Everyone needs sad songs occasionally. A little musical wallow
can be an important part of the healing process - whether you're
getting over loneliness (Nilsson's 'Without You'), a departed child
(The Beatles' 'She's Leaving Home'), or the destruction of
Jerusalem (the Book of Lamentations - not as catchy, that one).
Sea Change, Beck Hansen's 2002 album, was a collection
of tear-drenched songs inspired by the break-up of Hansen's
nine-year relationship, and as such provided some superior material
for moping around your bedroom crying. These were songs performed
at a glacial pace, draped in sincerity rather than the slacker cool
of Beck's career highlight 'Odelay'.
Now, 12 years later, he's gathered the same musicians together
for a tonal sequel to Sea Change - this time the
blood-letting coming not as a response to the death of a
relationship, but following an extended period of incapacity
because of an injury to his spine.
Because of this shift in the source of the misery, Morning
Phase's mood is more one of existential malaise than the raw
nerve-endings of its prequel. Indeed, after a ten-year marriage and
two children, Beck sometimes seems a little bit too happy to be
singing sad songs - the music plucking the heart-strings, but the
lyrics only offering formless cut-up poetry in response.
There are glimmers of commentary about his injury. Lines like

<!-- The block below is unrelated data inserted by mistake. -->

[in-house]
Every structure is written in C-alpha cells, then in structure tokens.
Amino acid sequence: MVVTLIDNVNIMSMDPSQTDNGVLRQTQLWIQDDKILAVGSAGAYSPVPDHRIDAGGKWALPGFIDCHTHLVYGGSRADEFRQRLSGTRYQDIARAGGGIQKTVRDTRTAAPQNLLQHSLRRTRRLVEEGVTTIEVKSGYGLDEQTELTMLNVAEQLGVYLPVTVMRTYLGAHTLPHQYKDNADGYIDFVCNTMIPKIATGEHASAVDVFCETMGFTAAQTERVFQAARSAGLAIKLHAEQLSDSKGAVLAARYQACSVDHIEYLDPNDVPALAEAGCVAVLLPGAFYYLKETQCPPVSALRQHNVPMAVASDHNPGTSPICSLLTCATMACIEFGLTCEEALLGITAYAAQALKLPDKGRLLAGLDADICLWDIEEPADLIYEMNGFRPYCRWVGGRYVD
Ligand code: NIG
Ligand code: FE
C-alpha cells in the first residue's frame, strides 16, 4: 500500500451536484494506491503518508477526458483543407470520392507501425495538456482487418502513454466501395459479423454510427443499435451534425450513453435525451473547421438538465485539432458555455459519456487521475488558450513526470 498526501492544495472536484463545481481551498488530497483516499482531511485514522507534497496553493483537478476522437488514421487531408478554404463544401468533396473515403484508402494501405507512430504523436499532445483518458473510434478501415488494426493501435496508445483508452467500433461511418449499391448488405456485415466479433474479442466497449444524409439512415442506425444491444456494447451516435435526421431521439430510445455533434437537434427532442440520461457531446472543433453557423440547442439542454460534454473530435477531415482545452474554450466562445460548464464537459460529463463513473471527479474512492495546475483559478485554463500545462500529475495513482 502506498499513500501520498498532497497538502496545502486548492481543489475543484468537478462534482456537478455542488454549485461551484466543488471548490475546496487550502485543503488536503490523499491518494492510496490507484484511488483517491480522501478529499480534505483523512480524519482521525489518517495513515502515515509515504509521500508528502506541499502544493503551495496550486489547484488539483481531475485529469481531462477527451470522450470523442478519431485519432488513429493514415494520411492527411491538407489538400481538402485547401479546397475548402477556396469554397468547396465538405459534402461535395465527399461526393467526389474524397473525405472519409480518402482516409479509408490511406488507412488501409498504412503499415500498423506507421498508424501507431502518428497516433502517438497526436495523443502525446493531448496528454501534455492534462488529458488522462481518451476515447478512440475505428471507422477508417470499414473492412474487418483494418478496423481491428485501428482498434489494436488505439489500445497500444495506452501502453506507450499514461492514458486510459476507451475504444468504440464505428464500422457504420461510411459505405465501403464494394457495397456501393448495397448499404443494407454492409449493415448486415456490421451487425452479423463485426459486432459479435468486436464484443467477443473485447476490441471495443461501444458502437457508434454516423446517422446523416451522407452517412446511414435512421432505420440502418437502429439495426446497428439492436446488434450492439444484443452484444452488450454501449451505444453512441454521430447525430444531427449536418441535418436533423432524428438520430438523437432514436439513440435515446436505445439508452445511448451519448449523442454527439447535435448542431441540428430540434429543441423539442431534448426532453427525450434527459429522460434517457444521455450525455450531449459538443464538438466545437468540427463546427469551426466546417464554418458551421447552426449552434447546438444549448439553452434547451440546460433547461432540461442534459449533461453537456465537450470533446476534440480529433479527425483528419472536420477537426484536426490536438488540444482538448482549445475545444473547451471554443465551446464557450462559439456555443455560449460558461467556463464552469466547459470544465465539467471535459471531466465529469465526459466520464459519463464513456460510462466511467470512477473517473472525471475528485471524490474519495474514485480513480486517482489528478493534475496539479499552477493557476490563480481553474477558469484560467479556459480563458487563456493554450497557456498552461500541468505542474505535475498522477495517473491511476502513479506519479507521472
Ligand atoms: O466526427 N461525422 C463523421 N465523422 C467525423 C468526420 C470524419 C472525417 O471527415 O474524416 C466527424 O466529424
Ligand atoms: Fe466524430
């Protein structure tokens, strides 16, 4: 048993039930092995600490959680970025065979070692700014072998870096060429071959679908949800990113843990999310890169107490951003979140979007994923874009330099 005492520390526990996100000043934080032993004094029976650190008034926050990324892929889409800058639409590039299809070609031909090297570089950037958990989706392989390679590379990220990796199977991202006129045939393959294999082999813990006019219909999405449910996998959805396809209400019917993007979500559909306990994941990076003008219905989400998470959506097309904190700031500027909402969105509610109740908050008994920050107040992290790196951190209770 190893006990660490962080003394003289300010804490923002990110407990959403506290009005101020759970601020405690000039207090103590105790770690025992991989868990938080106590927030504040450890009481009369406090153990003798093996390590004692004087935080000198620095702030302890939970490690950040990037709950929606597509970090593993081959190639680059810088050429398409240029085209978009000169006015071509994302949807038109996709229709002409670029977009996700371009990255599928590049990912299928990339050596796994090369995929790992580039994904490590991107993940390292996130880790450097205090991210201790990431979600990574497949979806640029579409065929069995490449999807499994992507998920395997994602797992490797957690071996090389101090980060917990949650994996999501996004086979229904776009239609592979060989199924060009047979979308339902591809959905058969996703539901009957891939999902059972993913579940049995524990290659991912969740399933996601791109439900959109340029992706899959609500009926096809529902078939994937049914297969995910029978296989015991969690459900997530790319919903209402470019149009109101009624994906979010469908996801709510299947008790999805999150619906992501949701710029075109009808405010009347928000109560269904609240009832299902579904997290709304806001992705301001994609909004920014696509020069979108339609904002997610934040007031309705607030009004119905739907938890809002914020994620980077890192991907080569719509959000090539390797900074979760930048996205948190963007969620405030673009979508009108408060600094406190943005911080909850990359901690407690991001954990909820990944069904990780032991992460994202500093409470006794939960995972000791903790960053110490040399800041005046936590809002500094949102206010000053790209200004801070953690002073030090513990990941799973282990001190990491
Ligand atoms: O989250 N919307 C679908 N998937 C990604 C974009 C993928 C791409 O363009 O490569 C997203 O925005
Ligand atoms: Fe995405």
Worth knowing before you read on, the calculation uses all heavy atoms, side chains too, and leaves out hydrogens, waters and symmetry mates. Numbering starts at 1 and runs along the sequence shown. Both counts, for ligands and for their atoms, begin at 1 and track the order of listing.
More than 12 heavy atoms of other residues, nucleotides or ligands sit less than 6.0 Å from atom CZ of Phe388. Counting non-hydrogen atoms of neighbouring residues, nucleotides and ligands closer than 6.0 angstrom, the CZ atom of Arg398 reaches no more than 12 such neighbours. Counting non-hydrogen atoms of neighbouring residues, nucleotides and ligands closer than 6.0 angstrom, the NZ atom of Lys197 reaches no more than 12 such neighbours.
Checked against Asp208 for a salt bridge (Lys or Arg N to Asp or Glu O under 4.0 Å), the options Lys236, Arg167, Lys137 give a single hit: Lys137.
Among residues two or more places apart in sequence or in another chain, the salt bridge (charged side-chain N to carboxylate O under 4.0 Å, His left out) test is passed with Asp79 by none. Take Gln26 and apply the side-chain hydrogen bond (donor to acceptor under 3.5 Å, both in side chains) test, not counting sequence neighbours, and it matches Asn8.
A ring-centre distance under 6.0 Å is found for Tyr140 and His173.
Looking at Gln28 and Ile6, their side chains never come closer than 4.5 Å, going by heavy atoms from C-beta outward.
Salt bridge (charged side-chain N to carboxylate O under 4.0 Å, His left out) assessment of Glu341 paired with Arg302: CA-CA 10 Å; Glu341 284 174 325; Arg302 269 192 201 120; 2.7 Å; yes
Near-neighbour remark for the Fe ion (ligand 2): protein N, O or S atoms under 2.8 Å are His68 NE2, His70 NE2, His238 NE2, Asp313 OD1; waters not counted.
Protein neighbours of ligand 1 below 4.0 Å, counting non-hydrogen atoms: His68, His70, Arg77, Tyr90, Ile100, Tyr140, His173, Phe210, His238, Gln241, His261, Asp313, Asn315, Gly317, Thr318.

'Bones crack / Curtains drawn / On my back / And she is gone' from
'Say Goodbye' are practically begging for lyric nerd
interpretations on SongMeanings.com. But it's more the mood of
these quiet, slow songs that communicates the grief.
Stylistically, the homage to Sea Change is striking.
Nick Drake-esque folk is augmented by stately, deliberate country
swing. The lush strings of Hansen's father David Campbell are once
again employed to great effect, washing over the finger-picked
guitars; particularly on 'Wave', where the nautical swells of the
string arrangements underline the woozy mood. However, taken as a
whole, there's an unnerving sense that Hansen is walking a path
he's already ventured down; the great innovator's comforting
retreat into the language of his past.
There are a few diversions: the emphatic piano stabs of 'Blue
Moon', some lovely phased keys in 'Unforgiven', or the Gothic
country of 'Turn Away', but the album's tone is so monolithic, so
uniform, that it slips effortlessly into a forgettable slab; Beck
as background music.
As a second-generation Scientologist, Beck is, presumably,
extremely familiar with the 'auditing' process, where individuals
relive past traumas to free themselves of their baggage. It is
perhaps unfair to suggest this, but maybe Morning Phase
fulfils the same function. It's Beck talking us through his
post-injury isolation, telling us how it felt to be in that room.
Lonely, motionless, inert, his thoughts fractured, his sense of
self washing away on the tide.